Top 10 Italian Restaurants in London

London is truly an international city. Its multiculturalism is well known but to actually appreciate what the myriad of cultures does to London requires a visit. The coming together of different communities and cultures have shaped London and allowed it to offer so much more than many other cities around the world. 

There’s a British culture, of course, but the shared culture is what makes London what it is. 

Take food, for example, some of the best restaurants in the world can be found in London and they offer cuisine from a huge number of different countries and cultures. Nowhere else in the world gives this much choice when it comes to what to eat. 

Italian cooking is one example. Italian cuisine is popular around the world because of its taste and simplicity. It’s a tough task to find anyone who doesn’t like pizza and pasta but those two things are only the start of what is actually an extensive and unique menu. It’s a cuisine that can excite both grown ups and children alike and has hands down won the competition for the most popular family cuisine in the world. 

Even in France, which is notoriously stubborn when it comes to the appreciation of other cuisines, it’s possible to find an Italian restaurant in most towns. 

London, as expected, offers a huge choice of Italian restaurants. From the more American influenced pizza joints to the much more upmarket Italian offerings, some of which carry Michelin stars. 

It’s difficult to produce a list of the best Italian restaurants in London because each one brings a unique offering to the table. Some are best for pasta, pizza or cured meats and cheeses, others for the wine and some simply have some of the best atmospheres of any eateries in London.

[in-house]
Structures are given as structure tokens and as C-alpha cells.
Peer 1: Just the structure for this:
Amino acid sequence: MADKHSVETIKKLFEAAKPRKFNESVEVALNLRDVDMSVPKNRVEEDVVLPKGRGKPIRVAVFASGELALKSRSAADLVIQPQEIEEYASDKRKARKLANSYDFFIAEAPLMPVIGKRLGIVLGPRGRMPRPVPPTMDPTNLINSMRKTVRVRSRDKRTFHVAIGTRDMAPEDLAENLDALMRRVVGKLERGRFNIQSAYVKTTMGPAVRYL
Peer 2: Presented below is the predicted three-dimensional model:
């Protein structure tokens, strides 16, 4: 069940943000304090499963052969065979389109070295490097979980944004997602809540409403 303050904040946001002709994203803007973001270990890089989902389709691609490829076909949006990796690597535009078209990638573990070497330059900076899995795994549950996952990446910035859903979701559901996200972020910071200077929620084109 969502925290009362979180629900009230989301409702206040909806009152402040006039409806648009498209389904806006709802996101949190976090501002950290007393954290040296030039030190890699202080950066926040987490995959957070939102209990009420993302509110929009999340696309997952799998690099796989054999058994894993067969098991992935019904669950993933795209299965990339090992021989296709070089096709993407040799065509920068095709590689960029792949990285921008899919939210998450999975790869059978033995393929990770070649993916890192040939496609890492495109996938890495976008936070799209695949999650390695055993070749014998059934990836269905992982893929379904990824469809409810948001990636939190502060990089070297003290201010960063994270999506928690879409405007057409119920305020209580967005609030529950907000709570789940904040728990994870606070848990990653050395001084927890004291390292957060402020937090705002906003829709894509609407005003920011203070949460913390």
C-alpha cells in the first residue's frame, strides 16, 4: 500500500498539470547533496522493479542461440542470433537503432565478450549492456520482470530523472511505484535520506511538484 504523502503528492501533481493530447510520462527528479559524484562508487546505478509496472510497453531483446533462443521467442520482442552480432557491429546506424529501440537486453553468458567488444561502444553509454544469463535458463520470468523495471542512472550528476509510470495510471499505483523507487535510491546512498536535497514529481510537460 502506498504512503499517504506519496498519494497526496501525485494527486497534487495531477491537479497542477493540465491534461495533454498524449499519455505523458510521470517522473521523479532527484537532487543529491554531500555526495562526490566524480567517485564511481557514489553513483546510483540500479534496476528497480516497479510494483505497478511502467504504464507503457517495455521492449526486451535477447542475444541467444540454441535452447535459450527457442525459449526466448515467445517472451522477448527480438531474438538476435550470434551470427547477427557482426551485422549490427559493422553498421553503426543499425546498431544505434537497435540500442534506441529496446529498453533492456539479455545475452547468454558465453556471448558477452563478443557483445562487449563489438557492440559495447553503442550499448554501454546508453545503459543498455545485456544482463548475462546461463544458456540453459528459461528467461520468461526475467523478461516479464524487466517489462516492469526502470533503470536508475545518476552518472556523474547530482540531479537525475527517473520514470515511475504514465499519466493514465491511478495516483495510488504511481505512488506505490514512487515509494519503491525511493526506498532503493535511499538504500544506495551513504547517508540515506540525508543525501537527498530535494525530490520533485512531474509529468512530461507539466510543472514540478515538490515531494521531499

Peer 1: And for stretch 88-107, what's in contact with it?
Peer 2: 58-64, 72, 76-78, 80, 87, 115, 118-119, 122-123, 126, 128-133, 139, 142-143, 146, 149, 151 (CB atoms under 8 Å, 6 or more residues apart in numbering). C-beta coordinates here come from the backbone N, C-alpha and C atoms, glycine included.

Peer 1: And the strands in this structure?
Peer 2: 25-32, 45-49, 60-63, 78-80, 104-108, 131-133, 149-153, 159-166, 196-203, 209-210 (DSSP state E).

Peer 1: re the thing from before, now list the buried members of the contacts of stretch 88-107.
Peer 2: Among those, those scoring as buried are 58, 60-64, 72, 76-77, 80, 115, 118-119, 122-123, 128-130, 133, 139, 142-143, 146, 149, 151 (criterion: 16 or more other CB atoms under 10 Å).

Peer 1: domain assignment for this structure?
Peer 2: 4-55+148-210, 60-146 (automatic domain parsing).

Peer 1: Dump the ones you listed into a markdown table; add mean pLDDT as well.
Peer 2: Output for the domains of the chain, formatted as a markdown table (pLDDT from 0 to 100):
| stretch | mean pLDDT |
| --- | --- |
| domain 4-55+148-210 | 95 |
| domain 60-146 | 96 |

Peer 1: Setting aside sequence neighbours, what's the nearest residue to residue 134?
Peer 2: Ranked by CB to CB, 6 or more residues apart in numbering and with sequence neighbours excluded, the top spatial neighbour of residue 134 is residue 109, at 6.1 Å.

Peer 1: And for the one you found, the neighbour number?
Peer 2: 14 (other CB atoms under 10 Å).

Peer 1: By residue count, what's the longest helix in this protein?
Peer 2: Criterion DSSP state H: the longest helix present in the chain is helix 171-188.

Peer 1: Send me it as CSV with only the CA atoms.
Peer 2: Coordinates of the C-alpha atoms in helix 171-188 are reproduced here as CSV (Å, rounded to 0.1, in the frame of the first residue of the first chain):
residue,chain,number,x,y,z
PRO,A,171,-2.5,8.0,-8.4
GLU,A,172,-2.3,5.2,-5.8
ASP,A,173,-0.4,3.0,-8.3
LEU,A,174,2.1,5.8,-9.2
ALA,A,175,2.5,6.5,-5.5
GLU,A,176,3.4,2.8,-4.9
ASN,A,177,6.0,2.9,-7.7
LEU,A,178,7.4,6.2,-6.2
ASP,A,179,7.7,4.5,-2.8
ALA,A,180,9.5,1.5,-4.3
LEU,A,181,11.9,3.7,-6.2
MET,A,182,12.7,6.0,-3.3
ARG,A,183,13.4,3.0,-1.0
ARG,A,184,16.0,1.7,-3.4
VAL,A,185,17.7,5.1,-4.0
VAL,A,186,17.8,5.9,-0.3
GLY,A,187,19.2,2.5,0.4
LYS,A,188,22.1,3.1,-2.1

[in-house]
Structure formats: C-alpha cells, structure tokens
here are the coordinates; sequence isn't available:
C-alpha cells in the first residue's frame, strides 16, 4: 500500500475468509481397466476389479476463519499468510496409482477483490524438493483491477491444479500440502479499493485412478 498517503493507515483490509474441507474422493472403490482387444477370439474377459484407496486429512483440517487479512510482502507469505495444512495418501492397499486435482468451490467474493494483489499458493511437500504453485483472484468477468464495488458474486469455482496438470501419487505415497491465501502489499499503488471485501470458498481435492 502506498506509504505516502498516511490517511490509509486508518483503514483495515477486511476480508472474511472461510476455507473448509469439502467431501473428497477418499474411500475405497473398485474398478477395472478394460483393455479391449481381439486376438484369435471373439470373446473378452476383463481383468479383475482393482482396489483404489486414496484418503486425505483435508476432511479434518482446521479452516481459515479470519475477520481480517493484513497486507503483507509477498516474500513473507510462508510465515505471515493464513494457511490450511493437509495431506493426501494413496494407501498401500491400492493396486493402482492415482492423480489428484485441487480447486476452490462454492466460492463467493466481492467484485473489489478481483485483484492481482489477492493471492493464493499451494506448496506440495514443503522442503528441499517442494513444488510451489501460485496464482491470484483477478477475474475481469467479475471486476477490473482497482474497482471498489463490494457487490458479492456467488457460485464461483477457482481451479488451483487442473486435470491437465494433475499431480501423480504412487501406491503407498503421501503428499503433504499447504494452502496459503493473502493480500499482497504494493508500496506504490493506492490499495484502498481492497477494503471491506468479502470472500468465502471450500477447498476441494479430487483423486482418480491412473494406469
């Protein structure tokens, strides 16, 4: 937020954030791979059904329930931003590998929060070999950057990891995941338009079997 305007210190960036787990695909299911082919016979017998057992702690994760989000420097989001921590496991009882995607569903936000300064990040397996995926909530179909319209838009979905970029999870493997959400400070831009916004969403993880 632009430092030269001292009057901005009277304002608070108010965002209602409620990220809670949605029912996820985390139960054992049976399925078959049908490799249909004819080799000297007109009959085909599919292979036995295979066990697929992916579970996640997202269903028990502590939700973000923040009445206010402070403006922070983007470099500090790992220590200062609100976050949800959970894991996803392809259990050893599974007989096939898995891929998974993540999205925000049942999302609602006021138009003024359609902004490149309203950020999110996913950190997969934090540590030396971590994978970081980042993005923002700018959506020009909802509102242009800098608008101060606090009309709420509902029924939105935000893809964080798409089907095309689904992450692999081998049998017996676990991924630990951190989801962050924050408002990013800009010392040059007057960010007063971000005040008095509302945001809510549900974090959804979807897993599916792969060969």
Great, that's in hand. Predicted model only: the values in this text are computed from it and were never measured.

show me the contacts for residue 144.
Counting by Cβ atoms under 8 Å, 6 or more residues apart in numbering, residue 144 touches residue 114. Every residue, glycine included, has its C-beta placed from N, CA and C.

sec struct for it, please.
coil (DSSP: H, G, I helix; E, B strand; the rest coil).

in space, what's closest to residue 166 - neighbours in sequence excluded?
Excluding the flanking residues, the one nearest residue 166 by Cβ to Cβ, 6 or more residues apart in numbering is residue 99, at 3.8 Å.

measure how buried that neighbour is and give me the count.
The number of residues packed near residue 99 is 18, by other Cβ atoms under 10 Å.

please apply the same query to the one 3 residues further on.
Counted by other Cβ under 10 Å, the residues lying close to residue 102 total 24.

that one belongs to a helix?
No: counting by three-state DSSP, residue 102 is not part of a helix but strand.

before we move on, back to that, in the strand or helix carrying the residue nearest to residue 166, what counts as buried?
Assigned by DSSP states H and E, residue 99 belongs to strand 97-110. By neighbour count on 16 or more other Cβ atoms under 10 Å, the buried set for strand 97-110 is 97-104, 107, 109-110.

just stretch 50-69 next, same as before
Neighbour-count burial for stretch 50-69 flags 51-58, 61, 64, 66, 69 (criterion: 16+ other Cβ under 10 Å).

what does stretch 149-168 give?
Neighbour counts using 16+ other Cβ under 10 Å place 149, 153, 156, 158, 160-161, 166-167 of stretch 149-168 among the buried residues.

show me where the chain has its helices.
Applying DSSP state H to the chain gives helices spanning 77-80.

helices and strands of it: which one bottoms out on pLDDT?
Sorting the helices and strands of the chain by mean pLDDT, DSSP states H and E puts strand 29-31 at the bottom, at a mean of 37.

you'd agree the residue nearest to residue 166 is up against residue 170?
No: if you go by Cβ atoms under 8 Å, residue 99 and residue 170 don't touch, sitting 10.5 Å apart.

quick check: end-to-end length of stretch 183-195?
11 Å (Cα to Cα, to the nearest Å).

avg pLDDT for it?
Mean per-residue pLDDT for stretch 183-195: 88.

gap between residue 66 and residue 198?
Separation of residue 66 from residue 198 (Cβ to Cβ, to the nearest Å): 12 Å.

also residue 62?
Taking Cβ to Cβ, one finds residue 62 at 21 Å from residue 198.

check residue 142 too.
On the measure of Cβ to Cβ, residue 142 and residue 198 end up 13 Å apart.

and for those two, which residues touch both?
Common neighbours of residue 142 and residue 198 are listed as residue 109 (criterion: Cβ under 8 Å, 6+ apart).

Here are a small selection of some of London’s best Italian restaurants. 

10 Heddon Street 

This is a restaurant that prides itself on doing the essentials of Italian cooking well, and one of the first things that’s always considered is the freshness of the pasta. Here it is made on-site by the chefs themselves so the freshness of each and every pasta dish is absolutely guaranteed. The effort doesn’t disappoint. 

The sauces aren’t bad either. A frequent request in this restaurant is for “more bread,” as more is often required in order to ensure every last scrap of sauce is devoured. 

The decor is brick warehouse, stylish, modern but comfortable. It’s a great place to discover what Italian food is all about. 

Legare 

A restaurant with a great location, sitting in the shadow of the iconic Tower Bridge, but it also does its food rather well too. 

The pasta dishes are fresh and exciting, the mozzarella is thick and meaty and the olive oil is rich and adds a fantastic flavour to the salads on offer.  

The antipasti and starters are constantly changing so regular visitors always have something new and exciting to try.